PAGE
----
The right to silence, a fundamental and centuries-old principle of our criminal justice system, has been severely curtailed by legislation rushed through the NSW Parliament in late March. The erosion of this basic right highlights the precarious nature of human rights in Australia and underscores the need for stronger protection. The new legislation allows courts to, in certain circumstances, draw unfavourable inferences against a person accused of a serious offence who, during a police interview, refuses or fails to mention facts that they later rely on in their defence. Before these changes, drawing such inferences was expressly prohibited.
The new laws provide a strong disincentive to invoking the right to silence. In effect, they say to a person accused of a crime, you have the right to remain silent but if you do it may harm your defence. As the High Court has said, a key part of the right to silence is that no adverse inference can be drawn against an accused person by reason of his or her failure to answer questions or to provide information. To draw such an adverse inference “would be to erode the right to silence or to render it valueless.”
The rationale for the changes is flawed as a matter of both principle and practice.
First, the right and ability of an accused person to remain silent in the face of police questioning is not a “legal loophole”, as Attorney-General Greg Smith has suggested. Rather, as the High Court has stated, it is a “fundamental rule of the common law”. Together with the protection against self-incrimination, the right to silence is a critical element of the principle that the prosecution must prove guilt beyond reasonable doubt, as opposed to the accused having to prove their innocence. Moreover, the right recognises the power imbalance that often exists between police and a suspect, and reduces the risk of a vulnerable and innocent suspect providing police with a false confession, resulting in a wrongful conviction.
Second, the changes wrongly assume that an accused who fails to answer police questions does so because they know they are guilty and that an accused who raises a defence for the first time after police questioning has recently invented it. There are many reasons why an accused but innocent person may remain silent, or fail to mention a particular fact, during interrogation. The allegations may be too vague or too complex for them to respond to at that point in time. They may not know what facts the law considers relevant or, alternatively, they may be relying on legal advice. They may be in shock, affected by drugs or alcohol, fearful of police or have poor English skills.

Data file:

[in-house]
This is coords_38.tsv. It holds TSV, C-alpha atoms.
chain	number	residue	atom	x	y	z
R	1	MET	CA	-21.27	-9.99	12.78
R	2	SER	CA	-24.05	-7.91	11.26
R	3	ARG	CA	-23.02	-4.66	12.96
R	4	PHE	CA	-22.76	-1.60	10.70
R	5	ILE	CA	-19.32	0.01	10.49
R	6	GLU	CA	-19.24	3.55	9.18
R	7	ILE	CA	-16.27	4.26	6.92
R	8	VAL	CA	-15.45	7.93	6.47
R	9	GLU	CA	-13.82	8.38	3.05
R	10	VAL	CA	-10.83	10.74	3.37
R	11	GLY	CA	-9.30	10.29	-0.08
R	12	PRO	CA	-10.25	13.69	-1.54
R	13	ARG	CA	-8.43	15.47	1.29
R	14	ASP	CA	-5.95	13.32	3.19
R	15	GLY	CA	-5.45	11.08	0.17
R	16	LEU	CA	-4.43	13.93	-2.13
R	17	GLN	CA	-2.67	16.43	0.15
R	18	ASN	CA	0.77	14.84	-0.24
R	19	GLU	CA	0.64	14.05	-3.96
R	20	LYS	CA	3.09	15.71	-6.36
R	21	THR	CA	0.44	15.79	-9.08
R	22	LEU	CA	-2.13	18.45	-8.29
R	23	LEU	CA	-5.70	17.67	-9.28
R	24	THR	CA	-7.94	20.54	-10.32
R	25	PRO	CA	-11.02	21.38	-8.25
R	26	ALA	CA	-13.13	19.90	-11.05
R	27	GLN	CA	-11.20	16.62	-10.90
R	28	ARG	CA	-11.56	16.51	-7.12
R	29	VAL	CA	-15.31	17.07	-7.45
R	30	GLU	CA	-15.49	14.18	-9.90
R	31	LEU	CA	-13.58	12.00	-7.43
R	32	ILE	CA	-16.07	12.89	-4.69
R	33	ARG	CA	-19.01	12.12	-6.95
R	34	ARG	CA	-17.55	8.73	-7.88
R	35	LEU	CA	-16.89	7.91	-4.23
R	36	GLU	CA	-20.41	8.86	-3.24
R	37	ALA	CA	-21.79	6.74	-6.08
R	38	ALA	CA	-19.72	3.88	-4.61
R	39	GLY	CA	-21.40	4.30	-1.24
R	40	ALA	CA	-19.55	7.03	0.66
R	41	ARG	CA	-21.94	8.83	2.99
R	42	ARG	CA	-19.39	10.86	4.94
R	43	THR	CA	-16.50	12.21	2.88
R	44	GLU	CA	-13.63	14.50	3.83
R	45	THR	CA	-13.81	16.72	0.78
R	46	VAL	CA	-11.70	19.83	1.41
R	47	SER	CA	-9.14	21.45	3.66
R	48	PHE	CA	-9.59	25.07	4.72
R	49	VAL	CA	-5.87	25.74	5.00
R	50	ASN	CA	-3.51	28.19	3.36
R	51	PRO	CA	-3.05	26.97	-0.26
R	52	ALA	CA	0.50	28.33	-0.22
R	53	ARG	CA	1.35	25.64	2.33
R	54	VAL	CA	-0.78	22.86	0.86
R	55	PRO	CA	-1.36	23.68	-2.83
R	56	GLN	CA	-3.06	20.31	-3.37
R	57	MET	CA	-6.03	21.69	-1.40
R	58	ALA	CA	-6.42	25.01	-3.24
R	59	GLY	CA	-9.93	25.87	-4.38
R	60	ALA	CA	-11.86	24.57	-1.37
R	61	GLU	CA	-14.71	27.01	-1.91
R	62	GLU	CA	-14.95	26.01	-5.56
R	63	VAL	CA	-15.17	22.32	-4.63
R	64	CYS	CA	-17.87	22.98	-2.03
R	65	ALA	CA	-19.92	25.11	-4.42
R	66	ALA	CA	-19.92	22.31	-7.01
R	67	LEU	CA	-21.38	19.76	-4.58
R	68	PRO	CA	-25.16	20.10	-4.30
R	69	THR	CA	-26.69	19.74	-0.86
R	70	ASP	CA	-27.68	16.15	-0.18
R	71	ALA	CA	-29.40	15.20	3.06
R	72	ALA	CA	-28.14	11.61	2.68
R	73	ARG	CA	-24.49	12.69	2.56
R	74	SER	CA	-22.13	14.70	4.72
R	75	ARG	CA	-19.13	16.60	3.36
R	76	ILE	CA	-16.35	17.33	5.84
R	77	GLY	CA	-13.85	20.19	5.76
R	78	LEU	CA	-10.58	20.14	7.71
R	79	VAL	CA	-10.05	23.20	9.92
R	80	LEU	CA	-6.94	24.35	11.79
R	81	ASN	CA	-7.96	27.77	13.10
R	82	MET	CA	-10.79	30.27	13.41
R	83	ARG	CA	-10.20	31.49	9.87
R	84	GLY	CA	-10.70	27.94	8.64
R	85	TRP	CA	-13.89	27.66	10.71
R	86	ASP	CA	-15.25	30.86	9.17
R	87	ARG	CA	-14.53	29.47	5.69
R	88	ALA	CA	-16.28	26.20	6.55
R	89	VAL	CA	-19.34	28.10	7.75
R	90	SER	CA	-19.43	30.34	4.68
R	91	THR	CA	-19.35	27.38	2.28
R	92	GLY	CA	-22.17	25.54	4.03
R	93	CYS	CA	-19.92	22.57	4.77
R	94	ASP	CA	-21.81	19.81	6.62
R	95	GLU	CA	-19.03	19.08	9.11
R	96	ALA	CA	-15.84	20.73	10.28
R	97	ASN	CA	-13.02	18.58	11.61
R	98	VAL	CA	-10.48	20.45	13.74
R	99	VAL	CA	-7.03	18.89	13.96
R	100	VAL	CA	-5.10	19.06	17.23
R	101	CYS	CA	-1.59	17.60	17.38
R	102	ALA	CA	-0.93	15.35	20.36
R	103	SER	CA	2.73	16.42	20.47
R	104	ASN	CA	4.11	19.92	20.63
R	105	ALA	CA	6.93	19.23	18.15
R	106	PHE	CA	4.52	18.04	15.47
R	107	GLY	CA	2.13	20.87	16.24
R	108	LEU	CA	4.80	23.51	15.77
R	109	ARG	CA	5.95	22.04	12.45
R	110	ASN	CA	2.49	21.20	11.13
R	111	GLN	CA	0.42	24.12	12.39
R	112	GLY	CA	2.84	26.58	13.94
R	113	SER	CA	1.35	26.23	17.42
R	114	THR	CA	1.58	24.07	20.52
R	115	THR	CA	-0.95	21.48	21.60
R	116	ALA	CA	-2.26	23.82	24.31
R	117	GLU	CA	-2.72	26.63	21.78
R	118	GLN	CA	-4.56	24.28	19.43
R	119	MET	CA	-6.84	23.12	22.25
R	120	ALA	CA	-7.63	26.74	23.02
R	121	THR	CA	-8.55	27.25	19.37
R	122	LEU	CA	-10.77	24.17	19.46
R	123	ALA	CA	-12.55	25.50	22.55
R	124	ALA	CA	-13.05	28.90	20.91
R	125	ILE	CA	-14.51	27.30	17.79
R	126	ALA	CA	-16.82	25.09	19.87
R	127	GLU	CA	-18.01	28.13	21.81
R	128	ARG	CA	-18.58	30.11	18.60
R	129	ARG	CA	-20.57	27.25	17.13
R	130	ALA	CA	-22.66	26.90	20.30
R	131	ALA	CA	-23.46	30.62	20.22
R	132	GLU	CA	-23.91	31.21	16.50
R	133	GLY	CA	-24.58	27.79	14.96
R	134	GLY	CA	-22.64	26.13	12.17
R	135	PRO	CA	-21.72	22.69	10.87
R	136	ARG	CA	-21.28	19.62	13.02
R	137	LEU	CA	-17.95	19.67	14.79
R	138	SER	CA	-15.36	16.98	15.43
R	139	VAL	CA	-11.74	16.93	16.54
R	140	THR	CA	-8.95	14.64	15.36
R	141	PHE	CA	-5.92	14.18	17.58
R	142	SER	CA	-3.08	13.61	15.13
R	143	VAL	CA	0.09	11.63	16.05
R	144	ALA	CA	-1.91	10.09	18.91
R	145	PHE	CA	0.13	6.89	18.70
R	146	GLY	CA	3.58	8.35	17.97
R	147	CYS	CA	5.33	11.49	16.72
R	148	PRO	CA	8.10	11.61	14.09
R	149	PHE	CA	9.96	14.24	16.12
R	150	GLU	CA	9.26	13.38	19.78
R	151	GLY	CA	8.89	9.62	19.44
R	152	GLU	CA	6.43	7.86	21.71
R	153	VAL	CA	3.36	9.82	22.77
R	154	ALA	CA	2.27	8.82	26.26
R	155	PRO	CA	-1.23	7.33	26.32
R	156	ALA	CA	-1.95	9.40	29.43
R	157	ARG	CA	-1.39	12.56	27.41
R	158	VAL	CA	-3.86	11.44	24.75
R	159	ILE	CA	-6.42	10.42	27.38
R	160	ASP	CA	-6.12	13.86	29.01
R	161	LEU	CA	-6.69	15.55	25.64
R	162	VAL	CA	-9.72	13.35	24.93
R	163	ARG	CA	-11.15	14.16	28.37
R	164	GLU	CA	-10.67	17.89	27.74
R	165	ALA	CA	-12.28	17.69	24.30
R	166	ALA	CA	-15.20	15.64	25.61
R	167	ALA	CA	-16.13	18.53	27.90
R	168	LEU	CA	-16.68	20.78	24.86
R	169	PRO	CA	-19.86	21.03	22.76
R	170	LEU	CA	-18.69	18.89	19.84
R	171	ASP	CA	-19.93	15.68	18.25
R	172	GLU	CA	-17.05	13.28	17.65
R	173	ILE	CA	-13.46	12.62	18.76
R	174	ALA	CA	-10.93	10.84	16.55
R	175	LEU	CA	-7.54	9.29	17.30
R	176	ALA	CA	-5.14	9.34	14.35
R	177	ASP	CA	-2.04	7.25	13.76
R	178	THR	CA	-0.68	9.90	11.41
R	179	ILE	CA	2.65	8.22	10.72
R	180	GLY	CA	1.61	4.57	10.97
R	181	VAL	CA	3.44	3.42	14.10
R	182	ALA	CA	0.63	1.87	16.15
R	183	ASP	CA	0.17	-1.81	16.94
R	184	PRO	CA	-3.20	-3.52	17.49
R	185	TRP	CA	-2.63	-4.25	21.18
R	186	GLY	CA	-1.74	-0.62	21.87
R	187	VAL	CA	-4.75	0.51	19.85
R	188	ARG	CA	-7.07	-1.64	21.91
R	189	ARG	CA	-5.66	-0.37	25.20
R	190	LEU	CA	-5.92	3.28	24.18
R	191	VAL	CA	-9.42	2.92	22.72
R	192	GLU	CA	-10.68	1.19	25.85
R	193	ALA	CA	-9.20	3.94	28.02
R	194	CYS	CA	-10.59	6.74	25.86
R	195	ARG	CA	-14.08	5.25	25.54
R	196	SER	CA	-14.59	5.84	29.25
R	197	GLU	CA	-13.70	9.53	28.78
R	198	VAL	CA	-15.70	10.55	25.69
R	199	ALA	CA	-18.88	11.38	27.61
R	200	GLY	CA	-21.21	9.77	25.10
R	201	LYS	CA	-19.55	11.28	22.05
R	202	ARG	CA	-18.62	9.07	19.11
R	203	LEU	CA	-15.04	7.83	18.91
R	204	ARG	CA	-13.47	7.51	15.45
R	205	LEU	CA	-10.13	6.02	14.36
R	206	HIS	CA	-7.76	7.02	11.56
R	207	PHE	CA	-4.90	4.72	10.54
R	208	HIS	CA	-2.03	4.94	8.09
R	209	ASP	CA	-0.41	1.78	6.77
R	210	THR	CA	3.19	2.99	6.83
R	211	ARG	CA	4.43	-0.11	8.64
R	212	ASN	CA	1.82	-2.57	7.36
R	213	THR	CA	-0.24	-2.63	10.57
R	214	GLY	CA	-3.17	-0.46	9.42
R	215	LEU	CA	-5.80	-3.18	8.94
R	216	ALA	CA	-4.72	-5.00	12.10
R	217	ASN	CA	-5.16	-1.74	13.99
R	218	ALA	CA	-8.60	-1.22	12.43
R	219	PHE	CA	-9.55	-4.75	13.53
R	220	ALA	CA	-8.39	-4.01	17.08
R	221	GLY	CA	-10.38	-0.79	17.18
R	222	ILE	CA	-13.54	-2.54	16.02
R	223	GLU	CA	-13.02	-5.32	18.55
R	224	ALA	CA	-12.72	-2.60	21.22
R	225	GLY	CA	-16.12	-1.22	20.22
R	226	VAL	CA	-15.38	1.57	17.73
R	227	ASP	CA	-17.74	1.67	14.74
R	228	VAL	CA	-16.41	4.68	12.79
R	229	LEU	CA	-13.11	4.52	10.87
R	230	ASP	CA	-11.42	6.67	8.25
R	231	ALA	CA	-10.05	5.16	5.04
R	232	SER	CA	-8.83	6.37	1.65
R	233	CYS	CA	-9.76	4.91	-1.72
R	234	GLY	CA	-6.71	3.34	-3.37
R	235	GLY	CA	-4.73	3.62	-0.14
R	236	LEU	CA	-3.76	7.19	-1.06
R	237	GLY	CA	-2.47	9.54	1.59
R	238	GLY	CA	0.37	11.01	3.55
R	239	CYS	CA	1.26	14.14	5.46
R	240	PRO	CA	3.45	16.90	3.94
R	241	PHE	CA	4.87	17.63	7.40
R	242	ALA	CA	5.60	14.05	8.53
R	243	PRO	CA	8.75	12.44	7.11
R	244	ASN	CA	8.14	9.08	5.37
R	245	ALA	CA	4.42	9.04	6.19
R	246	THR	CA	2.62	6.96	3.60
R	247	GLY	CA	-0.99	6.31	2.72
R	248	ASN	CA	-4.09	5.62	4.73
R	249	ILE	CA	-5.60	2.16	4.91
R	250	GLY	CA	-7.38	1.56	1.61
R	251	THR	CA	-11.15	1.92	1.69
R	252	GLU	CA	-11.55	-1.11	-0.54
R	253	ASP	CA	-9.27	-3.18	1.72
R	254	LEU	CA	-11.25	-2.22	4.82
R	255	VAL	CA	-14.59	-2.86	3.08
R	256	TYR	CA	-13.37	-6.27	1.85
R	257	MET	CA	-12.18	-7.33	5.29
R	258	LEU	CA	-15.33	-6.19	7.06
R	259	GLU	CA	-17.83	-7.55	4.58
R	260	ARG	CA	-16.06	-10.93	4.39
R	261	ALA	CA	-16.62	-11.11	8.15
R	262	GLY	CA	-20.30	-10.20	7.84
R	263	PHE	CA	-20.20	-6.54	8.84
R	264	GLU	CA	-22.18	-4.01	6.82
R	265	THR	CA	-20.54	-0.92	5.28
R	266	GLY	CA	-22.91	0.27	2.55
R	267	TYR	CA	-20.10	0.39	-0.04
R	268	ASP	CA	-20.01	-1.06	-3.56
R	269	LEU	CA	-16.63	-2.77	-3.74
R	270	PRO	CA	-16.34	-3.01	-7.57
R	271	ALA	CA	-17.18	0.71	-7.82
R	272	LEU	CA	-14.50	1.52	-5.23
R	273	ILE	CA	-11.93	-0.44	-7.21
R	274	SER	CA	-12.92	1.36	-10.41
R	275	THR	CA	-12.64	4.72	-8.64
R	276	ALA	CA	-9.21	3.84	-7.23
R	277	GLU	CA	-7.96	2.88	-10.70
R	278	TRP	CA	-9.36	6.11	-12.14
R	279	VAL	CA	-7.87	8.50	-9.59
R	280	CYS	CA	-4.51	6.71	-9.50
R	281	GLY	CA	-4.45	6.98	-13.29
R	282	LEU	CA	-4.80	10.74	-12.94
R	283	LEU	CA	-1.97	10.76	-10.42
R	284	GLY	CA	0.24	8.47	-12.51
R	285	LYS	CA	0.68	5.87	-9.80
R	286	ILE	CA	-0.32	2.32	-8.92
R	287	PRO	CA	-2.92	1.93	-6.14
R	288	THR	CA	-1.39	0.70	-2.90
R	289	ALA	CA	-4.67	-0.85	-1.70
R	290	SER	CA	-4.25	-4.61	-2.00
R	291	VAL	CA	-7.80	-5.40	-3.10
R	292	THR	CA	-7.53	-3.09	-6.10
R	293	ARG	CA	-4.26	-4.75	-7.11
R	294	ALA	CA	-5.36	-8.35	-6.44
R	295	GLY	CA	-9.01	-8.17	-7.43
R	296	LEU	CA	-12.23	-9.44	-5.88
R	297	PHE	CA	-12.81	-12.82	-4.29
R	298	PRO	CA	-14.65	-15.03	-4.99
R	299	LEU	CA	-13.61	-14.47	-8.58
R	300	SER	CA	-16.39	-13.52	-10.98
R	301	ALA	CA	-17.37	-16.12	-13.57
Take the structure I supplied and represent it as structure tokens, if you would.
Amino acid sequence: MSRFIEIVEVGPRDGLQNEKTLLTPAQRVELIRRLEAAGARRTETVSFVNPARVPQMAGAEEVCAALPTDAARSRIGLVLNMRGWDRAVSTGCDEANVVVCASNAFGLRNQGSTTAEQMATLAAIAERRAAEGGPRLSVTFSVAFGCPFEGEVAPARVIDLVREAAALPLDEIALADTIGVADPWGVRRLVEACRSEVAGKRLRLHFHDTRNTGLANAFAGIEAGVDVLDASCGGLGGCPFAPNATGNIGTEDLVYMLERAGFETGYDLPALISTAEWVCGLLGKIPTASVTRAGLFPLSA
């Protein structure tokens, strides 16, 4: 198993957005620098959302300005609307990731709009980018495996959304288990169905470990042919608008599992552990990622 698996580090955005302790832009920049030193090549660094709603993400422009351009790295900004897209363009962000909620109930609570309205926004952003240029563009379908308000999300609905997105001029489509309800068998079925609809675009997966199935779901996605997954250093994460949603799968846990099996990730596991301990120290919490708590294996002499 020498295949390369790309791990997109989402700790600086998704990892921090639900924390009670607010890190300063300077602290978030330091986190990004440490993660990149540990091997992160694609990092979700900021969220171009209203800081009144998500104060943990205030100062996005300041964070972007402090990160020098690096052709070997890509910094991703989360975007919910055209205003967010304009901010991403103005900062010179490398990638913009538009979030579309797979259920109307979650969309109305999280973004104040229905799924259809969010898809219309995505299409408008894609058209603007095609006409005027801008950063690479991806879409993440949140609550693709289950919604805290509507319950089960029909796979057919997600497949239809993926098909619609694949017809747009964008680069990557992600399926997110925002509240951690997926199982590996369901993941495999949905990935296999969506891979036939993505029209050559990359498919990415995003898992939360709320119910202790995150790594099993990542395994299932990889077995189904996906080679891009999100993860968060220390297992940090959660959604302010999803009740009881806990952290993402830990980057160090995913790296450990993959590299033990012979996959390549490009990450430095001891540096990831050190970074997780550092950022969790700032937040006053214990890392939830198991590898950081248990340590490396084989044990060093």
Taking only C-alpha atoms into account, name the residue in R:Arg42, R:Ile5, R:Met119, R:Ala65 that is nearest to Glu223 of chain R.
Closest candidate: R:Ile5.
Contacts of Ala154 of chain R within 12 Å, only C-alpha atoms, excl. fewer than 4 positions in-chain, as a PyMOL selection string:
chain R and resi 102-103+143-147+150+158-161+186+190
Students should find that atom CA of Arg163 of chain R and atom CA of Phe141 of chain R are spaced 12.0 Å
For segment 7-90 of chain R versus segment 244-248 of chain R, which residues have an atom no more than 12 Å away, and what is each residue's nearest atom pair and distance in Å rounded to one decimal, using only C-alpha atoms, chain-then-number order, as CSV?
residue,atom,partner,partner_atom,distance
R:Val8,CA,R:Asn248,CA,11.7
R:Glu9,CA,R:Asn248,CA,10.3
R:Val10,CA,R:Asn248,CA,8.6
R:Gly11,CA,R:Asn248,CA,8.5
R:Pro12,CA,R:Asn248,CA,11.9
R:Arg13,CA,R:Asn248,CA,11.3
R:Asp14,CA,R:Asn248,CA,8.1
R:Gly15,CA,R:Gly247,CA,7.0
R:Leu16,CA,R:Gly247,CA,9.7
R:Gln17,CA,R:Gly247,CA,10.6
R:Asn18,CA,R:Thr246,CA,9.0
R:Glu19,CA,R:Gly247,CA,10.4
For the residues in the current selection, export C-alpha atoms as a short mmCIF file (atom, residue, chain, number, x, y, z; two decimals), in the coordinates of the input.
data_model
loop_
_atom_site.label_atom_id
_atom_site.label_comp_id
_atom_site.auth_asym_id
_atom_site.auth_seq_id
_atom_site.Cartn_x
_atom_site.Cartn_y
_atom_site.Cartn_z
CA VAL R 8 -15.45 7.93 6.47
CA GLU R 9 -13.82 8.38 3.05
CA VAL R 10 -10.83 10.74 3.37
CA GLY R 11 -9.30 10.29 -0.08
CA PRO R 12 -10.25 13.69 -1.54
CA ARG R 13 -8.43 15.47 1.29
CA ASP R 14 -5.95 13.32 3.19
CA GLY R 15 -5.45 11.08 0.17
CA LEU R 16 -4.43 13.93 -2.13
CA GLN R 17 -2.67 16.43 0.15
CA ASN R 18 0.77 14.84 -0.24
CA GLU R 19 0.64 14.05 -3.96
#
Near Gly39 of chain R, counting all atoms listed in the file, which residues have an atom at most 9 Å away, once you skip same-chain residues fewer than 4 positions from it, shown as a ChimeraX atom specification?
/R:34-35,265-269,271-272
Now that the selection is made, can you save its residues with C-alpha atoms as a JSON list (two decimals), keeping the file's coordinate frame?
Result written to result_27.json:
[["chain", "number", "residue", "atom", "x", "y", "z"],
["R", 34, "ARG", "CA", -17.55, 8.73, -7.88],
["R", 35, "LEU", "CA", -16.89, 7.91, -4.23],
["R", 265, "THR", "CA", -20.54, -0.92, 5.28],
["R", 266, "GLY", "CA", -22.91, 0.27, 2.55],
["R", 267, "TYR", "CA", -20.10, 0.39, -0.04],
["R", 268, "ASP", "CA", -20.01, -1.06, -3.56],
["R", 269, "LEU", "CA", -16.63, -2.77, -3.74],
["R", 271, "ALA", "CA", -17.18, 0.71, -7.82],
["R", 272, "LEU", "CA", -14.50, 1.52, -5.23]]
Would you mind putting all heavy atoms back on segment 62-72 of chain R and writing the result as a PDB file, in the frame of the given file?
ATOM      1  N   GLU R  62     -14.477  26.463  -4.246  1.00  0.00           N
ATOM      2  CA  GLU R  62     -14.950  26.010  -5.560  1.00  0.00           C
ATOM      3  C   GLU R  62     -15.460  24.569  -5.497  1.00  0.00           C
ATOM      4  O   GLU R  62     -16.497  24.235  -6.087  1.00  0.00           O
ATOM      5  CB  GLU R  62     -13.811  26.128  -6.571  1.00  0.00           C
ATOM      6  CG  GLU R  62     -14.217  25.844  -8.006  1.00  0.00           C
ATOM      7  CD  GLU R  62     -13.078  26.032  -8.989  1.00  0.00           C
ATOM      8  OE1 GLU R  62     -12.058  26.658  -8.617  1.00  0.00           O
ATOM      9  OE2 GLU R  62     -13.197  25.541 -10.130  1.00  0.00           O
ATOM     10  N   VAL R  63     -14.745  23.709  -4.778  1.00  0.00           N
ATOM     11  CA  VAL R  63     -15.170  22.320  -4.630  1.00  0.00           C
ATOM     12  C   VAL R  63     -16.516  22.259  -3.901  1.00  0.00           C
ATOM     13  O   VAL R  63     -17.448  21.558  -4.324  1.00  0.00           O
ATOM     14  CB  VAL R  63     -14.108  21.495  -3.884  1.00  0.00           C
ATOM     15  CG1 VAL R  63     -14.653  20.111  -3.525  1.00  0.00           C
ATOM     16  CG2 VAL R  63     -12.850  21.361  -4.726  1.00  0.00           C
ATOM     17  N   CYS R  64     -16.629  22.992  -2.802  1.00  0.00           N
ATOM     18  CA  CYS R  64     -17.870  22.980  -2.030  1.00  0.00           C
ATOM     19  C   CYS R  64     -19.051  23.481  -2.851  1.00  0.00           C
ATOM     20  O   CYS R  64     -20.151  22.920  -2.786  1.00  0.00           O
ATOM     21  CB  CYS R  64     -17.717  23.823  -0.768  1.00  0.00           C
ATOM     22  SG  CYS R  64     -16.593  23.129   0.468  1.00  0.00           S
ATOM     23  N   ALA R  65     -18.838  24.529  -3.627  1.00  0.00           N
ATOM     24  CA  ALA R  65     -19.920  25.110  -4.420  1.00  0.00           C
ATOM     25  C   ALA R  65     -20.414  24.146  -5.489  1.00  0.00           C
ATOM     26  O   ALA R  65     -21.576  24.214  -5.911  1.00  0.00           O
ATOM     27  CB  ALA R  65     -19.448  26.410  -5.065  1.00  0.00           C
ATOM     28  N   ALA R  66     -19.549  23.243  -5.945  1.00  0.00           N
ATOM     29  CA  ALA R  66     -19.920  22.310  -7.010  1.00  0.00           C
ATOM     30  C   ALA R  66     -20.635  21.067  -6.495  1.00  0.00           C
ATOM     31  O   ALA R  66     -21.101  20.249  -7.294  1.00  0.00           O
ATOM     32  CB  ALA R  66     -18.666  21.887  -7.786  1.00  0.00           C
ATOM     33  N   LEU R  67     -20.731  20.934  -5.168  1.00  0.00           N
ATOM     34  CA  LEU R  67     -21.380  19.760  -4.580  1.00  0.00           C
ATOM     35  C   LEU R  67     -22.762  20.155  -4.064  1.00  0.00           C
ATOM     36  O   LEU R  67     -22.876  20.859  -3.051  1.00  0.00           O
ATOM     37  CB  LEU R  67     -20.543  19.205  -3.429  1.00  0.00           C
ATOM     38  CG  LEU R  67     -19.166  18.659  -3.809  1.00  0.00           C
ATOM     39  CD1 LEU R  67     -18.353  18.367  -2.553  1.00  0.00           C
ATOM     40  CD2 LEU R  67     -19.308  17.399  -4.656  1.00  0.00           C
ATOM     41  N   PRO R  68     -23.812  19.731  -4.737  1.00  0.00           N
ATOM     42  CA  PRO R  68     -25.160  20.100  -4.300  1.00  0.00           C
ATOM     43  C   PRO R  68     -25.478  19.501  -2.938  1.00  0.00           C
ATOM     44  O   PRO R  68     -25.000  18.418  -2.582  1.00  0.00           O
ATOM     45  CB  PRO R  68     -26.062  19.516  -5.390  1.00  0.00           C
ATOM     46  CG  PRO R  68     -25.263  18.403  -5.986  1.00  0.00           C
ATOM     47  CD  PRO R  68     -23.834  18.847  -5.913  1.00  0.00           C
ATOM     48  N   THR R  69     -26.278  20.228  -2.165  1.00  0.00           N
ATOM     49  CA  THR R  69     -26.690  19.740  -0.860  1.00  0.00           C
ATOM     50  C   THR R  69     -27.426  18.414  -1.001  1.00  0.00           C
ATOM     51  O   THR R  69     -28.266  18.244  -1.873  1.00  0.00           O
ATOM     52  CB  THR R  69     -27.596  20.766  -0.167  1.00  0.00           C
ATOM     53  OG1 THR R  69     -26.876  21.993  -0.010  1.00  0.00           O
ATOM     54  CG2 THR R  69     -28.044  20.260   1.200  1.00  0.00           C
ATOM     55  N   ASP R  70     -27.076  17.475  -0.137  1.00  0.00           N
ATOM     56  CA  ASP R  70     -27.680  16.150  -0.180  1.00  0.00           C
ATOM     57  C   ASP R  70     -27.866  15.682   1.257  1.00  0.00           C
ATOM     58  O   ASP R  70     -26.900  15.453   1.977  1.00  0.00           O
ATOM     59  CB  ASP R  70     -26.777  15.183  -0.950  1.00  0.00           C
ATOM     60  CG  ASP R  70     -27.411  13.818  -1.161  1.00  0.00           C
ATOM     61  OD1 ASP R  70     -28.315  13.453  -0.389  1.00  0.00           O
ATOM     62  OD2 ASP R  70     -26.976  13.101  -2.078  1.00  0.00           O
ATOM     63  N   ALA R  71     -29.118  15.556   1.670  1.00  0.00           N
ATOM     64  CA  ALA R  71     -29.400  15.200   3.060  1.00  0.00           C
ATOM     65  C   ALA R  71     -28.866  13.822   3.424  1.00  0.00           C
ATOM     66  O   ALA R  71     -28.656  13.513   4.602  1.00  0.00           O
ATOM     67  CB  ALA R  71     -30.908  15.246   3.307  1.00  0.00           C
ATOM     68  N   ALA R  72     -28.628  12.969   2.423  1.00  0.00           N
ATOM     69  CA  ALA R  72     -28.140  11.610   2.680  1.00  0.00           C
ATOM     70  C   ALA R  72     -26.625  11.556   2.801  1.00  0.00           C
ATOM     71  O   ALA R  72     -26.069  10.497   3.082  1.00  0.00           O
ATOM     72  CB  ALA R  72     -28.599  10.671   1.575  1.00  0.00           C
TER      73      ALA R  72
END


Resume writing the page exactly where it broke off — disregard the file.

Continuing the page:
Third, there is no empirical evidence to support the Government’s claims that “hardened criminals” are “exploiting” the right, or that the reforms will improve efficiency. On the contrary, the NSW Law Reform Commission has found that the data “does not support the argument that the right to silence is widely exploited by guilty suspects, as distinct from innocent ones, or the argument that it impedes the prosecution or conviction of offenders.” The Commission concluded that “[r]ather than enhancing efficiency, modifying the right to silence when questioned by police would be likely to reduce the efficiency of police investigations, trials and the criminal justice system in general.”
Further, the English legislation on which the NSW law was explicitly modelled has been roundly criticised. According to one cost-benefit analysis, “[t]he demands on judge and jury of the complex edifice of statutory mechanisms are enormous in proportion to the evidential gains they permit”. Indeed, far from “improv[ing] the justice system in the UK” as the NSW Police Association has claimed, the legislation has been described by the English Court of Appeal as a “notorious minefield”.
More fundamentally, the European Court of Human Rights has found in a number of cases that the drawing of adverse inferences under the legislation, or the failure of a judge to appropriately restrict the jury’s discretion to draw such inferences, violated the fair trial guarantee in the European Convention on Human Rights.
However, unlike England, which has incorporated the Convention into its laws via the Human Rights Act 1998, and the United States and Canada whose constitutions guarantee the right to silence, Australia does not have equivalent human rights protections. Thus, while a person in the England whose right to a fair trial is breached may complain to a domestic court and ultimately the European Court of Human Rights, accused in NSW have far less certain avenues of recourse.
Ultimately, the rapid passage of such bad laws – which have everything to do with the Government’s desire to appear tough on crime and nothing to do with considered law reform – highlights the vulnerability of human rights in Australia. Indeed, despite critically undermining a fundamental and long-standing legal principle against the recommendations of seven previous inquiries into the issue in Australia, the Government was, after a two week public consultation, able to push the legislation through the Parliament in only eight days with limited scrutiny. It is cases such as this that underscore the need for stronger rights protection in this country.
Rowan Minson is a King & Wood Mallesons lawyer on secondment at the Human Rights Law Centre.